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Why do we hate tanking in the WNBA?

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No one wants to lose games. But some teams may have no choice but to do so if they are to rebuild successfully.

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There are a couple reasons that basketball fans, both in the WNBA and the NBA, dislike tanking and the teams that do it:

  1. Tanking lowers the overall quality of the product on the floor.
  2. All teams should try their hardest to win every game possible.

The first point is something that I believe that nearly every fan can be sympathetic with. Fans pay their hard-earned money to watch these teams play. When they do not see that, people believe that they are not getting their money's worth.

As for the second point, I feel that this is something that's desired in an ideal world. It also seems morally right to make sure that every team, regardless of their circumstances be as competitive as possible.

Though this is an altruistic ideal, there's also reality. Most teams in any professional sports league, let alone the WNBA, will not be competitive enough to win a championship. In addition, many teams aren't just playing just for any current season. They're also keeping an eye out for the future.

Some teams figure to be at the bottom, almost regardless of how hard they try to compete. Other teams may be just mediocre, or otherwise have a core that's aging if they really try to win as many games as possible. They may be looking at a future draft as a way to either break a mediocre spell, or perhaps extend a championship window. If and when these teams decide to play their chips on the hope for a major draft pick, it can rub the fans the wrong way.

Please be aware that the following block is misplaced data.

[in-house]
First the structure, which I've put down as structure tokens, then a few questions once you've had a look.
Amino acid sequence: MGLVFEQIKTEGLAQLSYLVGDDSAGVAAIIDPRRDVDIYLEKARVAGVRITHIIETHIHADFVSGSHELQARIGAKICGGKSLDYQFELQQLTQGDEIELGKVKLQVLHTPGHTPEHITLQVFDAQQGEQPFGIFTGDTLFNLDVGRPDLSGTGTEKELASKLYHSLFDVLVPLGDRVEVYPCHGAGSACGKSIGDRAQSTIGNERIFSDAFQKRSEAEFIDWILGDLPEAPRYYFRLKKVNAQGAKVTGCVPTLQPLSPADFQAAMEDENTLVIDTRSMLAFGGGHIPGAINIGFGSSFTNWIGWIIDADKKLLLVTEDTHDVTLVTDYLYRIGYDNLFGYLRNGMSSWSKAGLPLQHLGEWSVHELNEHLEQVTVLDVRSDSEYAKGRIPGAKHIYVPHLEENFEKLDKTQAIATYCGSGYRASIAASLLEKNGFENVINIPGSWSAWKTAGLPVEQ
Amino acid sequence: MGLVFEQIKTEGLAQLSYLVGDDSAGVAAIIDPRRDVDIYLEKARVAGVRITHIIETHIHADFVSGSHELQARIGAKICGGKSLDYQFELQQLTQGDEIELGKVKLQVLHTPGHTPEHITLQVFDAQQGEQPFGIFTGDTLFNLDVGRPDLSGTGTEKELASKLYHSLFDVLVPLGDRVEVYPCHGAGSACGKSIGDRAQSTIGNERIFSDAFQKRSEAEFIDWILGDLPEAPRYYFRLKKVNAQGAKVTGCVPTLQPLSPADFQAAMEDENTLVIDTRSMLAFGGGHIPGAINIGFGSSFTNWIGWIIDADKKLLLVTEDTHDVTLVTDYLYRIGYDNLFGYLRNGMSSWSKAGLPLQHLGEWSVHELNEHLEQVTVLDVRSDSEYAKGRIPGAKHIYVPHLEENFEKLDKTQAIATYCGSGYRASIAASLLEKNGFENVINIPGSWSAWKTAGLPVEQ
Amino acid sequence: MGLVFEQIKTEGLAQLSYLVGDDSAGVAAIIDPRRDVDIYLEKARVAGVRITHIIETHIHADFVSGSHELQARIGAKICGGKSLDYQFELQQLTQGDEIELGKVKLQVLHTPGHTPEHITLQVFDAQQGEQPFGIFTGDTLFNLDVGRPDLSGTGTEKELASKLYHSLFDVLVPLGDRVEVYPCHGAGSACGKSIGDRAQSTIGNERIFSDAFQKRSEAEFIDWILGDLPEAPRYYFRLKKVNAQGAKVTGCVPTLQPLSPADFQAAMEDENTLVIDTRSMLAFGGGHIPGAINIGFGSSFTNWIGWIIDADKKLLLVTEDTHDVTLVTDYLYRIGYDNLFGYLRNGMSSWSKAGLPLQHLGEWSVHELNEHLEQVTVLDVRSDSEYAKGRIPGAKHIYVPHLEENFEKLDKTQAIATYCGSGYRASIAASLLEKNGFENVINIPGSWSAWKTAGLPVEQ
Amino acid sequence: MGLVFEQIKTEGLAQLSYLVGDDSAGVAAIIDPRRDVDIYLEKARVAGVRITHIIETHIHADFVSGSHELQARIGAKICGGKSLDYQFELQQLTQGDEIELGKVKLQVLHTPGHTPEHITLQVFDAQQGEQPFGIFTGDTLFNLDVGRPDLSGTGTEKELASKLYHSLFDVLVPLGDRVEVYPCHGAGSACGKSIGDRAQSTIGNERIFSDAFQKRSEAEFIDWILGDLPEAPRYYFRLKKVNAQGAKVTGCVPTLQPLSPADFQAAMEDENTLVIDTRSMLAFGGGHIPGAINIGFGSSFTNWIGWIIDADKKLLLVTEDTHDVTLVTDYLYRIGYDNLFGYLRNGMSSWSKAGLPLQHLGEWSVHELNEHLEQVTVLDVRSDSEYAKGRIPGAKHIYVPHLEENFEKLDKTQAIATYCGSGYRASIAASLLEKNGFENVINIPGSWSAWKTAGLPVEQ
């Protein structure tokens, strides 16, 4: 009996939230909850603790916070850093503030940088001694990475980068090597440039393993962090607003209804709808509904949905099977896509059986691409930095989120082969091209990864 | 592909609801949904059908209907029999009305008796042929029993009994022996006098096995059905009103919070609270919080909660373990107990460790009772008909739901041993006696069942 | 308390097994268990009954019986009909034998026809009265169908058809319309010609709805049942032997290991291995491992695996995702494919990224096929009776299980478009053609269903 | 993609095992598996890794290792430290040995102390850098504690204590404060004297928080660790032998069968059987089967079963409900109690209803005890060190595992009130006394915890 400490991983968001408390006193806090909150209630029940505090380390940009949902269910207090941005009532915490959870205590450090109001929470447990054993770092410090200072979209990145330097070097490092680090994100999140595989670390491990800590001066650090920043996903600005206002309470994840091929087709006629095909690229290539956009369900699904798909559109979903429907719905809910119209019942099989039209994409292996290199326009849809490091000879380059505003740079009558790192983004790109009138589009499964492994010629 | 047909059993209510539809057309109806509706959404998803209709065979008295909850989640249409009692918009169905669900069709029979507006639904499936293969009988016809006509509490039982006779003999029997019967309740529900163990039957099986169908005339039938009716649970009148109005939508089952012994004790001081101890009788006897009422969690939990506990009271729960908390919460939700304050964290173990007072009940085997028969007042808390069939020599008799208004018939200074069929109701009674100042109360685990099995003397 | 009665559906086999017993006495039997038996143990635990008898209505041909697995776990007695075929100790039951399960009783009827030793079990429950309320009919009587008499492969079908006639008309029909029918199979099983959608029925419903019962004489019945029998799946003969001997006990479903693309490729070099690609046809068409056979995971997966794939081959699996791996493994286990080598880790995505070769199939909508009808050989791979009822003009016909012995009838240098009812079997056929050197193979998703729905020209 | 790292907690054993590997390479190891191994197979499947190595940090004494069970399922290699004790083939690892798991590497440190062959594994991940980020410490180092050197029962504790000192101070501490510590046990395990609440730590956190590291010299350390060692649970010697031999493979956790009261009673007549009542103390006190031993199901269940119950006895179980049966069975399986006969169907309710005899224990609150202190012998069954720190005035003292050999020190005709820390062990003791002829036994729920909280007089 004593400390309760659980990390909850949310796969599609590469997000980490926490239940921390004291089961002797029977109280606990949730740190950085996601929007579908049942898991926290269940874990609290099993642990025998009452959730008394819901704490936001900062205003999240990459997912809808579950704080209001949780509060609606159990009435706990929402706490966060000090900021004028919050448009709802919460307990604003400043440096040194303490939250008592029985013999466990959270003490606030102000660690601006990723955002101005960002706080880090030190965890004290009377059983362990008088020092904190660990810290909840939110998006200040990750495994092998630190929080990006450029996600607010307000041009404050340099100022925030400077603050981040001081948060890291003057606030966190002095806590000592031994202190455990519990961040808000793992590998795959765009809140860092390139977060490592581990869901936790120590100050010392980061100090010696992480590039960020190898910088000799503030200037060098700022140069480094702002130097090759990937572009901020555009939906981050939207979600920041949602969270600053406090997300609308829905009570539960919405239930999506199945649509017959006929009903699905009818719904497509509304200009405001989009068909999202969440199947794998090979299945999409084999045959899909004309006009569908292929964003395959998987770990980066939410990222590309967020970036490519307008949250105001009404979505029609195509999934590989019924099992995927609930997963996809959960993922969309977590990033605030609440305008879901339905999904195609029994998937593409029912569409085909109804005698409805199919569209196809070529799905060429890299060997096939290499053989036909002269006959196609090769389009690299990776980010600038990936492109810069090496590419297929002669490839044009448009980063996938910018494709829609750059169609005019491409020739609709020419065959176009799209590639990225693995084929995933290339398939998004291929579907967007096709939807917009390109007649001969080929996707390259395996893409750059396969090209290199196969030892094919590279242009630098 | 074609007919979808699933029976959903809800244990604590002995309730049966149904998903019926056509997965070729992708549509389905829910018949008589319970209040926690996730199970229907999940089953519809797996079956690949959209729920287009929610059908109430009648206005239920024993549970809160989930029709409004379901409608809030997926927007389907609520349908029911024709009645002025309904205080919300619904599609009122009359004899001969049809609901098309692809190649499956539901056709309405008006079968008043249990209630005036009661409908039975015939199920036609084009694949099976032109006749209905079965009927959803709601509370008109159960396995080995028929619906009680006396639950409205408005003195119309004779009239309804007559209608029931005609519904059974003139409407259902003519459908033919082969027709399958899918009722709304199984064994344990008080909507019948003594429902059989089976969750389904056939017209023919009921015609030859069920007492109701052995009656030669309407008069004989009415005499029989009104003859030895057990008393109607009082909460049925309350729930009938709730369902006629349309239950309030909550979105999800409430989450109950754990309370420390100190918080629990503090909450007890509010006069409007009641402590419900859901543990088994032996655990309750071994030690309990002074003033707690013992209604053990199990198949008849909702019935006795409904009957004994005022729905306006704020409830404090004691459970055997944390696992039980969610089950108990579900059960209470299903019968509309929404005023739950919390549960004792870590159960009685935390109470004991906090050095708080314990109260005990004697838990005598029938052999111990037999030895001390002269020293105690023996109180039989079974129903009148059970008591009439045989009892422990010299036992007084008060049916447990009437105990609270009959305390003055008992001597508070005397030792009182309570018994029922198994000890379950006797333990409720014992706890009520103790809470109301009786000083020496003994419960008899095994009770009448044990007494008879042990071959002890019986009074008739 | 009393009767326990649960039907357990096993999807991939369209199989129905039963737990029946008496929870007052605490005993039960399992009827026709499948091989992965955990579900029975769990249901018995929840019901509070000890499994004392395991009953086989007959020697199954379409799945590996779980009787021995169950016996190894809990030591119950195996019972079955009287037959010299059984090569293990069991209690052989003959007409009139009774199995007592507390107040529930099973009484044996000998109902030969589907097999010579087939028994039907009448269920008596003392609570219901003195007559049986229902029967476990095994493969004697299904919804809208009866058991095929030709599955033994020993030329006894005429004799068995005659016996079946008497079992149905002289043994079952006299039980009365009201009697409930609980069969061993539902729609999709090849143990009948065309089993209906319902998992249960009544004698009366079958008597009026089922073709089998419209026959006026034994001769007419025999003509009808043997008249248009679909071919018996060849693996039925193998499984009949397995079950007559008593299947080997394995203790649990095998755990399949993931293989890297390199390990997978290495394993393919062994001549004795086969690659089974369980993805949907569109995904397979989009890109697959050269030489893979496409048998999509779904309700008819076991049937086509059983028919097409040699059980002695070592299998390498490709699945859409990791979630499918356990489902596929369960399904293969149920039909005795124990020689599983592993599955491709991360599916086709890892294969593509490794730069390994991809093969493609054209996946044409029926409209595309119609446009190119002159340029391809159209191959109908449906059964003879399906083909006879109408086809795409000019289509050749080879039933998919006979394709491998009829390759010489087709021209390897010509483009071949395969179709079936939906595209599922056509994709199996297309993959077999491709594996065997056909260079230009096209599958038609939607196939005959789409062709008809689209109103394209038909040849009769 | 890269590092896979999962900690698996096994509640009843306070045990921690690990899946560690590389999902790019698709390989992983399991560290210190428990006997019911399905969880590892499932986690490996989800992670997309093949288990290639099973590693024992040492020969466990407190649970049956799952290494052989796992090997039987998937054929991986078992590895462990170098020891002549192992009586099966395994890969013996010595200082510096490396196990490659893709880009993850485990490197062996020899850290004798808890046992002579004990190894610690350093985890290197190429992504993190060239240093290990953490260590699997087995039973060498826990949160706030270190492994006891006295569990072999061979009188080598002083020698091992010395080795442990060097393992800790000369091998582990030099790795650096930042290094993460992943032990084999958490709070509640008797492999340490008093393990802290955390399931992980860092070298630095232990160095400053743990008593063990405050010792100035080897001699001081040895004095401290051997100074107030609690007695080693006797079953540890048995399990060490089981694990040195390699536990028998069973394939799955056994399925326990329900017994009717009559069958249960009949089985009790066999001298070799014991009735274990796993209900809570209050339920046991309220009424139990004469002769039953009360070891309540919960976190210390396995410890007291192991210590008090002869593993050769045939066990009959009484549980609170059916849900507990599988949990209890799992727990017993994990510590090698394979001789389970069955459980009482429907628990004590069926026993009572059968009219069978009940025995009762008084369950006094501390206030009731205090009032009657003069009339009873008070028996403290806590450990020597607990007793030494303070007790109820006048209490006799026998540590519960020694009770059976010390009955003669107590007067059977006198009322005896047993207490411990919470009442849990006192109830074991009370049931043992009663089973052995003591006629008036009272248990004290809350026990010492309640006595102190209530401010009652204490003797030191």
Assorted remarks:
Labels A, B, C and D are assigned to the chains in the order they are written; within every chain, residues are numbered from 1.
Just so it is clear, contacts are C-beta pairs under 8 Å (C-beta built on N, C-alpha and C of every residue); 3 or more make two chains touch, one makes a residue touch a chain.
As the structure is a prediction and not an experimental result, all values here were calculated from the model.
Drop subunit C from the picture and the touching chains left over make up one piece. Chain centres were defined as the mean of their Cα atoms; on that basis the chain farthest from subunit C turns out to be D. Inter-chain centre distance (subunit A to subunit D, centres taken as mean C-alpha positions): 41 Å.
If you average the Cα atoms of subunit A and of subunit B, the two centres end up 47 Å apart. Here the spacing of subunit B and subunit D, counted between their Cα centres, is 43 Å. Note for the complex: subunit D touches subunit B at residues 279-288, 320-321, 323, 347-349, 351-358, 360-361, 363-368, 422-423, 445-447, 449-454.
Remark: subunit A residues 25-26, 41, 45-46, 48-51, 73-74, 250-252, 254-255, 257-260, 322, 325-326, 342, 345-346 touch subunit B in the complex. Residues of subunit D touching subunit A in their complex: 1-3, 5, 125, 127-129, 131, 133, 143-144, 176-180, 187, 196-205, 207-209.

We discussed many WNBA fans' displeasure with Phoenix Mercury's situation in 2012 when multiple players were injured, and sat out others which led to a 7-27 record, and the #1 pick in the 2013 Draft which they used to acquire Brittney Griner. With Griner, along with their existing core group of Diana Taurasi, Penny Taylor, and Candice Dupree, the Mercury made two straight Western Conference Finals and won the 2014 WNBA championship.

The source of fans' displeasure with Phoenix was that in 2012, the Mercury had enough talent to be a playoff team, yet their best players weren't playing in a year before a big draft. The 2015 season comes before another potentially big draft in 2016 with UConn junior forward Breanna Stewart available: fans don't want to see a situation where another playoff caliber or better team appears to have a bad season in order to get the rights to draft her.

Believe it or not, I also don't like seeing a situation where a legitimately good team appears to be tanking for a superstar. That is the reason why even I myself hate the idea of tanking.

That said, tanking is often a necessary part of team rebuilding in American professional basketball. For some teams, it may really be the only way. This line of thinking is why teams that don't have any franchise star or don't figure to be relevant anyway are often better off losing games in the short run. This is so they can improve more quickly in the long run with high draft picks. That need to see uncompetitive teams get more talent in the draft, even if they have to tank to get there outweighs the risk of one of the league's top teams doing the same.

Now that I've thrown out a reason why I don't like tanking, now it's time for you to talk about this subject. What are some reasons why you hate it? Sound off in the comments below.